Google Compute Engine

Machine Types

Machine types determine the physical specifications of your machines, such as the amount of memory, virtual cores, and persistent disk limits an instance will have. All machine types are currently managed by Google Compute Engine.

Machine types are divided in different classes, including:

  • Standard machine types
  • High CPU machine types
  • High memory machine types
  • Small machine types

Each machine type is billed differently. For pricing information, review the pricesheet.

Available Machine Types

Standard Machine Types

Machine Name Description Virtual CPUs1 Memory (GB) GCEUs
(what is this?)
Max Number Of Persistent Disks (PDs)* Max Total PD size (TB)
n1-standard-1 Standard 1 CPU machine type with 1 virtual CPU and 3.75 GB of memory. 1 3.75 2.75 16 10
n1-standard-2 Standard 2 CPU machine type with 2 virtual CPUs and 7.5 GB of memory. 2 7.50 5.50
n1-standard-4 Standard 4 CPU machine type with 4 virtual CPUs and 15 GB of memory. 4 15 11
n1-standard-8 Standard 8 CPU machine type with 8 virtual CPUs and 30 GB of memory. 8 30 22
n1-standard-16 Preview! Standard 16 CPU machine type with 16 virtual CPUs and 60 GB of memory. 16 60 44

*Persistent disk usage is charged separately from machine type pricing.
1For the 'n1' series of machine types, a virtual CPU is implemented as a single hyperthread on a 2.6GHz Intel Sandy Bridge Xeon or Intel Ivy Bridge Xeon (or newer) processor. This means that the 'n1-standard-2' machine type will see a whole physical core.

High Memory Machine Types*

High memory machine types are ideal for tasks that require more memory relative to virtual cores.

Machine Name Description Virtual CPUs1 Memory (GB) GCEUs
(what is this?)
Max Number Of Persistent Disks (PDs)** Max Total PD size (TB)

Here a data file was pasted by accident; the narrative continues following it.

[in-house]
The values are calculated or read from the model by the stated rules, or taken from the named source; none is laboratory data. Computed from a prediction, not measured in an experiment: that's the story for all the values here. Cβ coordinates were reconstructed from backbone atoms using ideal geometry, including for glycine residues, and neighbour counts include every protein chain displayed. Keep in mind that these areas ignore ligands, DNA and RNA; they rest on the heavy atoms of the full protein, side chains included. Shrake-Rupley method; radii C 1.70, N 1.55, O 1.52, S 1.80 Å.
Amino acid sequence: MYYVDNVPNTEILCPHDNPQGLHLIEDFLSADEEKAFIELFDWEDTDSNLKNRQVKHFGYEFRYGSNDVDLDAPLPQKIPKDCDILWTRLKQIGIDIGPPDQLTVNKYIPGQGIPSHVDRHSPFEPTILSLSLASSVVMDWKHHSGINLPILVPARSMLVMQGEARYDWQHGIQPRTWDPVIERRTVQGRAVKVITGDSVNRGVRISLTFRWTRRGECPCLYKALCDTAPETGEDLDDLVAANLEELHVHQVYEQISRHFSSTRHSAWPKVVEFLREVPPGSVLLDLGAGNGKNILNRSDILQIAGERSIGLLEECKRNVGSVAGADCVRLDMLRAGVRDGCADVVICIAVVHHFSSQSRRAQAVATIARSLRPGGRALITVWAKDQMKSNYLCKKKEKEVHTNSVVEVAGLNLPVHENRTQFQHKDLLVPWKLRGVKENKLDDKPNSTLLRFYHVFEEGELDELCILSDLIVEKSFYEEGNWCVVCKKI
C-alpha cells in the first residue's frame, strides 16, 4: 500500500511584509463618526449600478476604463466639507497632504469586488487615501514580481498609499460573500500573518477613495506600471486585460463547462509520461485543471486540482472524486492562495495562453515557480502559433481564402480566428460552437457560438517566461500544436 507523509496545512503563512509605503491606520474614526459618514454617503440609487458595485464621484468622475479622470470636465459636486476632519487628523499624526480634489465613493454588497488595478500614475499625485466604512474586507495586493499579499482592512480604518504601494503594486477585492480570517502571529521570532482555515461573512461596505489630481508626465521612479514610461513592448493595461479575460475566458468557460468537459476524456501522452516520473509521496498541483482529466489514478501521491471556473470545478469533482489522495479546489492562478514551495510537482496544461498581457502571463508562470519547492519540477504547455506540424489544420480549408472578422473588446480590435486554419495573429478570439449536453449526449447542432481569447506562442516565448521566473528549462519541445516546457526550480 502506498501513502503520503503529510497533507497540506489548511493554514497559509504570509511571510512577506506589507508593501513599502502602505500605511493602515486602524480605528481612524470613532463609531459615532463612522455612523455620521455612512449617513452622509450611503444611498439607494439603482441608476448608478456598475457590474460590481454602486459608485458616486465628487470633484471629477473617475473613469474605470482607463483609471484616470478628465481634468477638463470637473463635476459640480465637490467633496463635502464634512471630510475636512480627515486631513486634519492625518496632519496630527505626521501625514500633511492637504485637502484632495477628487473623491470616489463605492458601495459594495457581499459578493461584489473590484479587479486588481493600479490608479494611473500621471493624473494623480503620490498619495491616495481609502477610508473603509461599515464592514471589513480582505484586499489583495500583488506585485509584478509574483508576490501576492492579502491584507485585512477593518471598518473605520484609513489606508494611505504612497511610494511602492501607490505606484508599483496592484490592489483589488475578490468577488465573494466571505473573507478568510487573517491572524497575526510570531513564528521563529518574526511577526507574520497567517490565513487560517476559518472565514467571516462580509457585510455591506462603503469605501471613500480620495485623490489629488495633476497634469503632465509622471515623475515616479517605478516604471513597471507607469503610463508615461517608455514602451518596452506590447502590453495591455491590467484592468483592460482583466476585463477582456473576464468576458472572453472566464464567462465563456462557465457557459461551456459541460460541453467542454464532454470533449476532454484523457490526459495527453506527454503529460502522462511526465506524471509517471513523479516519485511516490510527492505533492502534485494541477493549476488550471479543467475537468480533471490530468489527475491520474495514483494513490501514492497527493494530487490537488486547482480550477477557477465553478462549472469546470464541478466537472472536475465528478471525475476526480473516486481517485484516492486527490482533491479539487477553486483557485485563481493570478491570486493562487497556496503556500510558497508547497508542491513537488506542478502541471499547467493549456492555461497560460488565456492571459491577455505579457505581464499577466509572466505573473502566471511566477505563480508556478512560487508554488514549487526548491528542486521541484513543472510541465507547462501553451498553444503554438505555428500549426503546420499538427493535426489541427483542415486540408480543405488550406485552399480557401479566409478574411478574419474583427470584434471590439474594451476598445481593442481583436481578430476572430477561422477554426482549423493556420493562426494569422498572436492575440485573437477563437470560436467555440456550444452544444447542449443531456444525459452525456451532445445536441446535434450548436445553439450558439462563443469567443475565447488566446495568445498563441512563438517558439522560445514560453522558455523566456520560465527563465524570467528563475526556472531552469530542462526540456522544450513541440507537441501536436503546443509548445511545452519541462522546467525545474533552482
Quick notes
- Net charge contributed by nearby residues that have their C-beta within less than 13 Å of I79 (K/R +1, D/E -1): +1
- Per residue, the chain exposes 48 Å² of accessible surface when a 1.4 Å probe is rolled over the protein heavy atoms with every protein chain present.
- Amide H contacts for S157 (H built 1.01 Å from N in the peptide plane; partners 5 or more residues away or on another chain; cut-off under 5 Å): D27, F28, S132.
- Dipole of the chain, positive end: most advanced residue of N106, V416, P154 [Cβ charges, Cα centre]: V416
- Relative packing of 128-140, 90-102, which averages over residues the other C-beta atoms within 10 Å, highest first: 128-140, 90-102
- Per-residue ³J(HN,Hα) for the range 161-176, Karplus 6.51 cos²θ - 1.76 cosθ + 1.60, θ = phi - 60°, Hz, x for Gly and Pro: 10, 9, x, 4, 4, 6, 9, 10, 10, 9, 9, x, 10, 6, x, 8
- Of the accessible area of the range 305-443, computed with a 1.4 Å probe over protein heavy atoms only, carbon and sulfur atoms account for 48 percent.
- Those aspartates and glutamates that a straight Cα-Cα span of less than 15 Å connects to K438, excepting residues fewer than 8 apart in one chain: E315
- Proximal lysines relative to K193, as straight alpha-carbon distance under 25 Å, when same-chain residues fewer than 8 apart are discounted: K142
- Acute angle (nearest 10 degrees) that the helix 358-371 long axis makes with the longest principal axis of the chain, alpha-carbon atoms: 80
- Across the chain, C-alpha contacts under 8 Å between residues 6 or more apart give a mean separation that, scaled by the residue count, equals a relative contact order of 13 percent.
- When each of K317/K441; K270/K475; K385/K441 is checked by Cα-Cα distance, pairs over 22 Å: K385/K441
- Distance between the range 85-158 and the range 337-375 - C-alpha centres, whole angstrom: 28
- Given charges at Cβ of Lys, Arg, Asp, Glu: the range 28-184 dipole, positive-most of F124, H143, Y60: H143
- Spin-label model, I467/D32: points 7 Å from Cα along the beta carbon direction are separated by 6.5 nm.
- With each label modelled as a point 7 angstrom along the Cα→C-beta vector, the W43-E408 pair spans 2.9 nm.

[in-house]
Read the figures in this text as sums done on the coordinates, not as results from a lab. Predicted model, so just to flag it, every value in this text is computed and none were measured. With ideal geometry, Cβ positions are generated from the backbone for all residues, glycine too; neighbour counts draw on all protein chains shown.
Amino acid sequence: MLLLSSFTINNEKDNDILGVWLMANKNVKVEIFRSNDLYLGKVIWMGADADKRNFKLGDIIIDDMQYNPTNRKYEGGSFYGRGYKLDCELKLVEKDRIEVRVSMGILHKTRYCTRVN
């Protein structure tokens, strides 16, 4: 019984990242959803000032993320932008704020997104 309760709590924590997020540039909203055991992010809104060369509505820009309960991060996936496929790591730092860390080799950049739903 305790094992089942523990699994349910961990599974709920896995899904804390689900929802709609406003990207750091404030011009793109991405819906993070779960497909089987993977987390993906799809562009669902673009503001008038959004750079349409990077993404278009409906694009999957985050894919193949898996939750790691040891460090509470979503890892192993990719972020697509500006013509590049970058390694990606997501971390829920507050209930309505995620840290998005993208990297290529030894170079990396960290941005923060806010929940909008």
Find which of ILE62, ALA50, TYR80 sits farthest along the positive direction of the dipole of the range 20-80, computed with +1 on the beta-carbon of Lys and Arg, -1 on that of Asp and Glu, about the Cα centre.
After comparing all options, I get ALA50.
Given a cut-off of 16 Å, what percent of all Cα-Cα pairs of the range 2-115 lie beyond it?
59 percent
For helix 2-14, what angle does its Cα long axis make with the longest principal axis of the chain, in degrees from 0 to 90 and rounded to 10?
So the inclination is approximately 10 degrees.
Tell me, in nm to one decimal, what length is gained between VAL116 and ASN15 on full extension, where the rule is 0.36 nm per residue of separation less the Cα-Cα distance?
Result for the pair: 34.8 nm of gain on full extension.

n1-highmem-2 High memory 2 CPU machine type with 2 virtual CPUs and 13 GB of memory. 2 13 5.50 16 10
n1-highmem-4 High memory 4 CPU machine type with 4 virtual CPUs, and 26 GB of memory. 4 26 11
n1-highmem-8 High memory 8 CPU machine type with 8 virtual CPUs and 52 GB of memory. 8 52 22
n1-highmem-16 Preview! High memory 16 CPU machine type with 16 virtual CPUs and 104 GB of memory. 16 104 44

*High memory machine types have 6.50GB of RAM per virtual core.
**Persistent disk usage is charged separately from machine type pricing.
1For the 'n1' series of machine types, a virtual CPU is implemented as a single hyperthread on a 2.6GHz Intel Sandy Bridge Xeon or Intel Ivy Bridge Xeon (or newer) processor. This means that the 'n1-standard-2' machine type will see a whole physical core.

High CPU Machine Types*

High CPU machine types are ideal for tasks that require more virtual cores relative to memory.

Machine Name Description Virtual CPUs1 Memory (GB) GCEUs
( what is this?)
Max Number Of Persistent Disks (PDs)** Max Total PD size (TB)
n1-highcpu-2 High CPU machine type with 2 virtual CPUs and 1.80 GB of memory. 2 1.80 5.50 16 10
n1-highcpu-4 High CPU machine type with 4 virtual CPUs and 3.60 GB of memory. 4 3.60 11
n1-highcpu-8 High CPU machine type with 8 virtual CPUs and 7.20 GB of memory. 8 7.20 22
n1-highcpu-16 Preview! High CPU machine type with 16 virtual CPUs and 14.4 GB of memory. 16 14.4 44

*High CPU machine types have one virtual core for every 0.90 GB of RAM.
**Persistent disk usage is charged separately from machine type pricing.